I was hesitant to give a Netflix original a try back in 2013, but when the buzz around “Orange is the New Black” became too loud to ignore, I was swayed to appreciate the brilliant concept streaming really is: Consumers like it because of the lack of annoying network regulations and censorship, plus no commercials, and the ability to devour episode after episode without waiting a week in between (thanks to Netflix for that; other platforms like Hulu lack that particular perk). Showrunners probably appreciate the flexibility and innovation. And Netflix, well they get to see their numbers start shooting up because no one wants to be left out when the hype starts circulating about an awesome new show, so they hurry to sign up. Without delving into too much research, I believe Netflix was the first to offer streaming-only television. Now Hulu and others like Amazon Prime and HBO Go have jumped on the money-making bandwagon. I haven’t strayed too far from Netflix because it’s still top banana in my eyes, but I may have to make an exception soon to check out Aaron Paul in “The Path” (Hulu).
Anyway, the list of Netflix originals started small and has significantly expanded over the past couple of years and within the past few months, I’ve finally started to branch out and try a few more. Some of the newer ones with short episodes and truncated seasons take barely a day to watch. Others are more of a long-term commitment. And many are pleasant surprises. Below is a sampling of the ones I’ve tried so far and where they rank in my personal opinion.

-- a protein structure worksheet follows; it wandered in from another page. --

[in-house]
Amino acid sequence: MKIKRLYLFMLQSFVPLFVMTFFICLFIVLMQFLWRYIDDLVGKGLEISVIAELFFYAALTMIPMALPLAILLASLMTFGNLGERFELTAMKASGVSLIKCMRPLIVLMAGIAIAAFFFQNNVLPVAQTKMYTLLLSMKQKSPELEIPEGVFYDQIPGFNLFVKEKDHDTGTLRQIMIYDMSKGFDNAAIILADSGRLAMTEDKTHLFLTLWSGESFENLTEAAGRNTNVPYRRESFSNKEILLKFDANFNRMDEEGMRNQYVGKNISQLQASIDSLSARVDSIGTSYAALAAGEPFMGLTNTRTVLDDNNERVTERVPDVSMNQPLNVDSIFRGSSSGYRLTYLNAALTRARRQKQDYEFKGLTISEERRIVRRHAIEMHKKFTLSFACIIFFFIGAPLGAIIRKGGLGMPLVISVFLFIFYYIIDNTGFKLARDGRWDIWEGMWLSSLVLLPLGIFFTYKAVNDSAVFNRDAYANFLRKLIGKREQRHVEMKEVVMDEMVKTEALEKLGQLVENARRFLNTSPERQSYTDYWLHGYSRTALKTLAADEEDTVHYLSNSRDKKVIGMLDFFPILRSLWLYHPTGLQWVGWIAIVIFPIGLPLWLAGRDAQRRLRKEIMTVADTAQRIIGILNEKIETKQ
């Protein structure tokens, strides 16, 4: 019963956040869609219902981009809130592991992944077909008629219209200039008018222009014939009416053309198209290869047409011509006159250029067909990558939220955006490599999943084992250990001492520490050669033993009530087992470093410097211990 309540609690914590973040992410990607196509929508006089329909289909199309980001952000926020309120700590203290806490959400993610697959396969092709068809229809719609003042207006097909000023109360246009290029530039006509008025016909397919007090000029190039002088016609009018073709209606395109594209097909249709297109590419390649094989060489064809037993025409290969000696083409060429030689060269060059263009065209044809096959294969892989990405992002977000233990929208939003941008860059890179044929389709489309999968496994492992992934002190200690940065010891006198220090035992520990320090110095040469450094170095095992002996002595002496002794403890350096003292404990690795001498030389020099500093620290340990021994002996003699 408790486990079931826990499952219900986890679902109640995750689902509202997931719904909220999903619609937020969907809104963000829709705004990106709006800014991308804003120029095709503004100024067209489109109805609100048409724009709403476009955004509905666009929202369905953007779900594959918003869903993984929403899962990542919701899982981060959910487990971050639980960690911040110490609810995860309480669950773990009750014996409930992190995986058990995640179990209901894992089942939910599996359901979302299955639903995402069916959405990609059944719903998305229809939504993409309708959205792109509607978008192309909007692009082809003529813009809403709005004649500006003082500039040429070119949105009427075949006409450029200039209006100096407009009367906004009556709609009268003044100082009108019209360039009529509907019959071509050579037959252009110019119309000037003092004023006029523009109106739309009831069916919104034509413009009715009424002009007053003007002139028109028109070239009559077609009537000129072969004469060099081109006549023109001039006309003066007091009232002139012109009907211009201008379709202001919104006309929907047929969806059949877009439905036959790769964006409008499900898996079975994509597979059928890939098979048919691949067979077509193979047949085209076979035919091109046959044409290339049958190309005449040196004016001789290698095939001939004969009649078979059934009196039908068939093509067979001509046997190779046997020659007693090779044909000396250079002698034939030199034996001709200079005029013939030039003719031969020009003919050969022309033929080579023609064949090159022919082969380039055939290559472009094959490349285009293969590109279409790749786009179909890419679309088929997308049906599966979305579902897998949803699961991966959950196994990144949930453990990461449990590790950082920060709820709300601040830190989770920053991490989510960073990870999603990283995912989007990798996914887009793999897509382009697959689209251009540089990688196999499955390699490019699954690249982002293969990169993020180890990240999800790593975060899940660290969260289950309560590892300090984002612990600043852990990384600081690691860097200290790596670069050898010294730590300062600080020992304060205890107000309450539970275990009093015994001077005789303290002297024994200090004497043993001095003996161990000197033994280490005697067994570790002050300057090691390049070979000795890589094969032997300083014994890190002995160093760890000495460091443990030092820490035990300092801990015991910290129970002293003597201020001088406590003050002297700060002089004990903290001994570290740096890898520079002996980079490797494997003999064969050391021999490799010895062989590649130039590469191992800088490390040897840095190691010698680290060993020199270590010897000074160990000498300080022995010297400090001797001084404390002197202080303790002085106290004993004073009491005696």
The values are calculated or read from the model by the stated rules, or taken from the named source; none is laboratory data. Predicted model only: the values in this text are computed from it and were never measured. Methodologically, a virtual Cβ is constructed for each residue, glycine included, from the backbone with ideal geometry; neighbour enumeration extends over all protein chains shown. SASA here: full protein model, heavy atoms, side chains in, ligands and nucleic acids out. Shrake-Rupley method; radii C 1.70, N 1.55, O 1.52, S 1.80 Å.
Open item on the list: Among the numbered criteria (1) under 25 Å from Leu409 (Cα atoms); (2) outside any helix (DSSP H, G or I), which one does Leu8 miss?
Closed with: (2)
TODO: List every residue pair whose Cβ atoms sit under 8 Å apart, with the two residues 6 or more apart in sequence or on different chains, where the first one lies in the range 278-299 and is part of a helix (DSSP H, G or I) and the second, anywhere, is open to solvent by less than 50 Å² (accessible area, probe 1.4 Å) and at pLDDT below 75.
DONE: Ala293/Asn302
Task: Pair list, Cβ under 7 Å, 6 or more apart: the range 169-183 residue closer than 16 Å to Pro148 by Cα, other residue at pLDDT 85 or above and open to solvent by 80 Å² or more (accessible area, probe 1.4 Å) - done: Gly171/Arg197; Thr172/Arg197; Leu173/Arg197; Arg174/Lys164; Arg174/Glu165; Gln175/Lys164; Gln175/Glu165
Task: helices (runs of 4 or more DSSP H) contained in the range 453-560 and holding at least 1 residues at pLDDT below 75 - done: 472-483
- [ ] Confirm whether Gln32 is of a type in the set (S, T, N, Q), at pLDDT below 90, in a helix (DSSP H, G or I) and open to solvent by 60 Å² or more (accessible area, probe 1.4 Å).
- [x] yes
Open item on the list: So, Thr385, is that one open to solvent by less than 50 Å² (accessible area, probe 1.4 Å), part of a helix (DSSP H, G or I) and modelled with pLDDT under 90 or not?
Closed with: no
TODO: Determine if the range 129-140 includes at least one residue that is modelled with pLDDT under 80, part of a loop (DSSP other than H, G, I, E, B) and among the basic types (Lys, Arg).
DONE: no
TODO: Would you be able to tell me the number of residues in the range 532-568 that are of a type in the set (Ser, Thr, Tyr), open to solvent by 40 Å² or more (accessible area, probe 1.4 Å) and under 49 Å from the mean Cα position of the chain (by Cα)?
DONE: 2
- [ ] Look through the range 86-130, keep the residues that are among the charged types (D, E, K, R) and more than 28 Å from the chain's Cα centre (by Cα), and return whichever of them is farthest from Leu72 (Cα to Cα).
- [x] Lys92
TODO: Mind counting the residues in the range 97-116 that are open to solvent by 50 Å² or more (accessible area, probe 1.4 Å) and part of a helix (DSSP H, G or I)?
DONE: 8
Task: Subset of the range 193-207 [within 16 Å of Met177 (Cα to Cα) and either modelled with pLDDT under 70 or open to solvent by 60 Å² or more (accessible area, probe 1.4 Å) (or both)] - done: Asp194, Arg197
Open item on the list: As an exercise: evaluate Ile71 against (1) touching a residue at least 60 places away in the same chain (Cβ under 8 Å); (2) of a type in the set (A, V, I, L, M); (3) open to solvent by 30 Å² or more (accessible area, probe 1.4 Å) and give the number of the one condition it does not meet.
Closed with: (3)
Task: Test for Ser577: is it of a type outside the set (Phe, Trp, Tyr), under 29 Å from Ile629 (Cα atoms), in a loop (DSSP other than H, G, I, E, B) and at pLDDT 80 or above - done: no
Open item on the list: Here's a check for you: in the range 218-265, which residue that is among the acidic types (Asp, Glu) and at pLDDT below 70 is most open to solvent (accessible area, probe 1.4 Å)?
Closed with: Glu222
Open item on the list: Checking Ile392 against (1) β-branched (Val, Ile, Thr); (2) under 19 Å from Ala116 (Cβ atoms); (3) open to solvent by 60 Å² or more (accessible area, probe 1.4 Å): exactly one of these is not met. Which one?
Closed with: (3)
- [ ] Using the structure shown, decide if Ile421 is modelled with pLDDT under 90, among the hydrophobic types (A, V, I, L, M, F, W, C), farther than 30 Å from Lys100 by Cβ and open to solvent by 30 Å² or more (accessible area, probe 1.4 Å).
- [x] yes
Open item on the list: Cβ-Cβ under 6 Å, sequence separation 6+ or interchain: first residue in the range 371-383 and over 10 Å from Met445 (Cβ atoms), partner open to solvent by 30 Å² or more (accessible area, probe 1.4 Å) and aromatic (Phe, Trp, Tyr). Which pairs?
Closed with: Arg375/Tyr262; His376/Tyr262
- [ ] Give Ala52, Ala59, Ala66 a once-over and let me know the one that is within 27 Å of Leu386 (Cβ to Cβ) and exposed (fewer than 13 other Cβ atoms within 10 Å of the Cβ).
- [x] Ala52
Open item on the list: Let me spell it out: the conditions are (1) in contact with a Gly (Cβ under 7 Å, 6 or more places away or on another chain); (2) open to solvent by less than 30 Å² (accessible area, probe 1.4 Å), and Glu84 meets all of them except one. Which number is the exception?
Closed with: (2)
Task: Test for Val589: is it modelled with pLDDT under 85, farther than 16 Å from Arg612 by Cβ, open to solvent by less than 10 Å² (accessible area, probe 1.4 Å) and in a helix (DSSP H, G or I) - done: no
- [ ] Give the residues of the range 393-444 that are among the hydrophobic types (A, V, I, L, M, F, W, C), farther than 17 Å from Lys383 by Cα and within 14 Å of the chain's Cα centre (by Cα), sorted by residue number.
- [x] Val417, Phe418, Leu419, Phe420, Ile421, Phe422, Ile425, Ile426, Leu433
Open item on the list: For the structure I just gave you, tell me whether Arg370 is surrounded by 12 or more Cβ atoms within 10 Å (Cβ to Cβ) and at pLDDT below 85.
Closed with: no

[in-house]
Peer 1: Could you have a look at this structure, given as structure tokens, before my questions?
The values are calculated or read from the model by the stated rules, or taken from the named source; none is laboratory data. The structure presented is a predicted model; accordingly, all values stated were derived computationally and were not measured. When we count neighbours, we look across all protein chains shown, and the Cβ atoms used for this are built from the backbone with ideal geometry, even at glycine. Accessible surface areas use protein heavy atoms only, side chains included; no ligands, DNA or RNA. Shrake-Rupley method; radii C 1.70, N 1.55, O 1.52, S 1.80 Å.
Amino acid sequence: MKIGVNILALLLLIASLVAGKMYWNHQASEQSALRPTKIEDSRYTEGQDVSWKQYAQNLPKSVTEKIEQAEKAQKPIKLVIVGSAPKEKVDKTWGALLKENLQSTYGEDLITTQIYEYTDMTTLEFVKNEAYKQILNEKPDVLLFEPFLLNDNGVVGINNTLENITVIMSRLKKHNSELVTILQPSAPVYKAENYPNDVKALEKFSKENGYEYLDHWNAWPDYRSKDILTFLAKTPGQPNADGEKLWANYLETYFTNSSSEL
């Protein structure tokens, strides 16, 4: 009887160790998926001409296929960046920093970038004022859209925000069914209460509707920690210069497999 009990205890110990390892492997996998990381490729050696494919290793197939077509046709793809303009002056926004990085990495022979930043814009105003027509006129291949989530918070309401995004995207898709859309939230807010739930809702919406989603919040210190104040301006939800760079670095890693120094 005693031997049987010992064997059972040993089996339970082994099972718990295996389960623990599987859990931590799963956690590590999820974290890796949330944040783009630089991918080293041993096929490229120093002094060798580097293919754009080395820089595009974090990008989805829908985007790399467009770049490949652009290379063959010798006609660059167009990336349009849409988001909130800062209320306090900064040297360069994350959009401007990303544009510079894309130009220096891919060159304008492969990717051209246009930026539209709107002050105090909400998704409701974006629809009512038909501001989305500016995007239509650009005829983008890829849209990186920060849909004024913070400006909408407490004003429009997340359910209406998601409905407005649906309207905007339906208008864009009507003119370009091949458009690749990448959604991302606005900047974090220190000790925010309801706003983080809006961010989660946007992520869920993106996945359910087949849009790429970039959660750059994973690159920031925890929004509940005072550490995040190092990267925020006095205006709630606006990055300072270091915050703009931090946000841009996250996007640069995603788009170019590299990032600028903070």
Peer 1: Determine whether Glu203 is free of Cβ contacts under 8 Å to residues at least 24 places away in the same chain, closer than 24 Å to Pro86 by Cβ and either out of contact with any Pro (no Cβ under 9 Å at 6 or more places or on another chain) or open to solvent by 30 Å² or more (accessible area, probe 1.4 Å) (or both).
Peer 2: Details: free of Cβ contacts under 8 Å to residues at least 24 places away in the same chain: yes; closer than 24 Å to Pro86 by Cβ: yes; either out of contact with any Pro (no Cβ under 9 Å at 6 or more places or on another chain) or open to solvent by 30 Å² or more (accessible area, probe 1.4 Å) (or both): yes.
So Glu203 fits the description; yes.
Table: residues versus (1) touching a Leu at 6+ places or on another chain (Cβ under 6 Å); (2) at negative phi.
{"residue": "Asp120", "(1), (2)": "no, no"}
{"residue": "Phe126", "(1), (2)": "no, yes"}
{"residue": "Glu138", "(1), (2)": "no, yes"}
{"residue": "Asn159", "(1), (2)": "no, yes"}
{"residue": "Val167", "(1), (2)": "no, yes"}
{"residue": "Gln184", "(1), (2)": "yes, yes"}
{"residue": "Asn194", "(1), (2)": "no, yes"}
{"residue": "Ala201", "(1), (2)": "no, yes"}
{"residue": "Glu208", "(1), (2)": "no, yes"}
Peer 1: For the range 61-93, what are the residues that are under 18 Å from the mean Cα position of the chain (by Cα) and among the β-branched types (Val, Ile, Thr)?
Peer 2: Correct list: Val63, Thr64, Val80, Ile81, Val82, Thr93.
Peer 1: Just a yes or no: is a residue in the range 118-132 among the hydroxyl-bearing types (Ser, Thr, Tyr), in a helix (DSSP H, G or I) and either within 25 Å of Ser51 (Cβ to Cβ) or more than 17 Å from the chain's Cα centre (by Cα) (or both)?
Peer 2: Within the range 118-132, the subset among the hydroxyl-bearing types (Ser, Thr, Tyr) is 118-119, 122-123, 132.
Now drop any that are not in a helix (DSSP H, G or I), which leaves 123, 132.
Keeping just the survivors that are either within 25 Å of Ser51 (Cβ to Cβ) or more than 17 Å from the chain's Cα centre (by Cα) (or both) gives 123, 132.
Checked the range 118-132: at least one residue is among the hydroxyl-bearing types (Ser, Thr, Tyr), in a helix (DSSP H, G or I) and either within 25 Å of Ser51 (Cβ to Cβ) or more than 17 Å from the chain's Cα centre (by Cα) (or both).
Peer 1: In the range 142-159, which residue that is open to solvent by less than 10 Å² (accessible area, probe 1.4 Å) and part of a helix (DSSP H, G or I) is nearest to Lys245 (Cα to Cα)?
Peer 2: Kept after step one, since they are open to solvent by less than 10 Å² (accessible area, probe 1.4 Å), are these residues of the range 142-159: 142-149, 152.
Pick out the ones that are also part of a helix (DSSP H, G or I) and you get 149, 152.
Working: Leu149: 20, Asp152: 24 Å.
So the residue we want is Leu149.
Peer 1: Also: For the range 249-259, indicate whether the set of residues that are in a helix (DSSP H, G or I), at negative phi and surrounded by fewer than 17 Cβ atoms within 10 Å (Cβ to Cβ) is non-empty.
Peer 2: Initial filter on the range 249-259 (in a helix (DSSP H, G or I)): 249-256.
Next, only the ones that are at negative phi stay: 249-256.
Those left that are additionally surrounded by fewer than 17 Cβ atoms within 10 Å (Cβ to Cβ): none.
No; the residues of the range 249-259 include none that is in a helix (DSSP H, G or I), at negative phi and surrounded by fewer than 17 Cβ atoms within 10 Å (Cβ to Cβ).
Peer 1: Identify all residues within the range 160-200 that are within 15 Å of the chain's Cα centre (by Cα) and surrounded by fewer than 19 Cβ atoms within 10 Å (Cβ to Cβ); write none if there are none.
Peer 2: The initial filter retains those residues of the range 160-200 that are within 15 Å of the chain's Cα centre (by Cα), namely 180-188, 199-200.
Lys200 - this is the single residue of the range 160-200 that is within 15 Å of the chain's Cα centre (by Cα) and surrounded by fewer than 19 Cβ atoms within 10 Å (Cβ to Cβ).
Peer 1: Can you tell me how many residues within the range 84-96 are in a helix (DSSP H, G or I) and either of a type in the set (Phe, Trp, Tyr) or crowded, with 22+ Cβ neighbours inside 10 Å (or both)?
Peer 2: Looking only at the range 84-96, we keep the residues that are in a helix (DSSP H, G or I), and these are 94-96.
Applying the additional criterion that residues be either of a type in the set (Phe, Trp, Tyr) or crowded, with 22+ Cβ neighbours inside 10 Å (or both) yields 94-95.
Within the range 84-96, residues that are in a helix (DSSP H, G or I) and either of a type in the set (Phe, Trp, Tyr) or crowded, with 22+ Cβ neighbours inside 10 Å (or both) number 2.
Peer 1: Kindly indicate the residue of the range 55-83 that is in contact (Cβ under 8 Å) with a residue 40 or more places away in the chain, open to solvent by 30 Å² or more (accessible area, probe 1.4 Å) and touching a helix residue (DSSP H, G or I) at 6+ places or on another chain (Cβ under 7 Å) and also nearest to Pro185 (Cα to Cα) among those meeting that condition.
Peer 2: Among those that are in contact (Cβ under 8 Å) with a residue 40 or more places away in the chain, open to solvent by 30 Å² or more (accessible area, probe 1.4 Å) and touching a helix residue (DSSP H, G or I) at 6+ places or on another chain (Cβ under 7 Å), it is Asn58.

1. Orange Is The New Black
The OG of Netflix originals. I was hooked instantly on the story of Piper Chapman, a wealthy good girl whose brief stint as a drug mule catches up to her just before the statute of limitations reaches its cut-off. She winds up having to leave her fiancé and incredulous family grappling with many questions and a slight inability to cope with these revelations as she enters a women’s prison in upstate New York for 15 months. What ensues is a very real, scary, uplifting, unflinching, funny, and sometimes heart-breaking look at life as an inmate. I read the biographical tale on which the show is based and was impressed with how the smallest paragraph in writing became a running theme for an entire episode on screen. I love learning the backstories of these incredibly complex characters. The show does hit some speed bumps, particularly as the seasons go on, but it still has that X factor that keeps you coming back for more. It’s also morphed into an all-out event that keeps viewers itching with anticipation. When season 3 was released a day early last year, the social handles for the show knowingly acknowledged that people would be devouring it all on the spot, tweeting out questions like, “Who’s still with us?” at 4 a.m. with winking emojis. It’s fun to feel like you’re part of a collective watching party and few shows elicit that vibe the way OITNB does.
2. Marvel’s Jessica Jones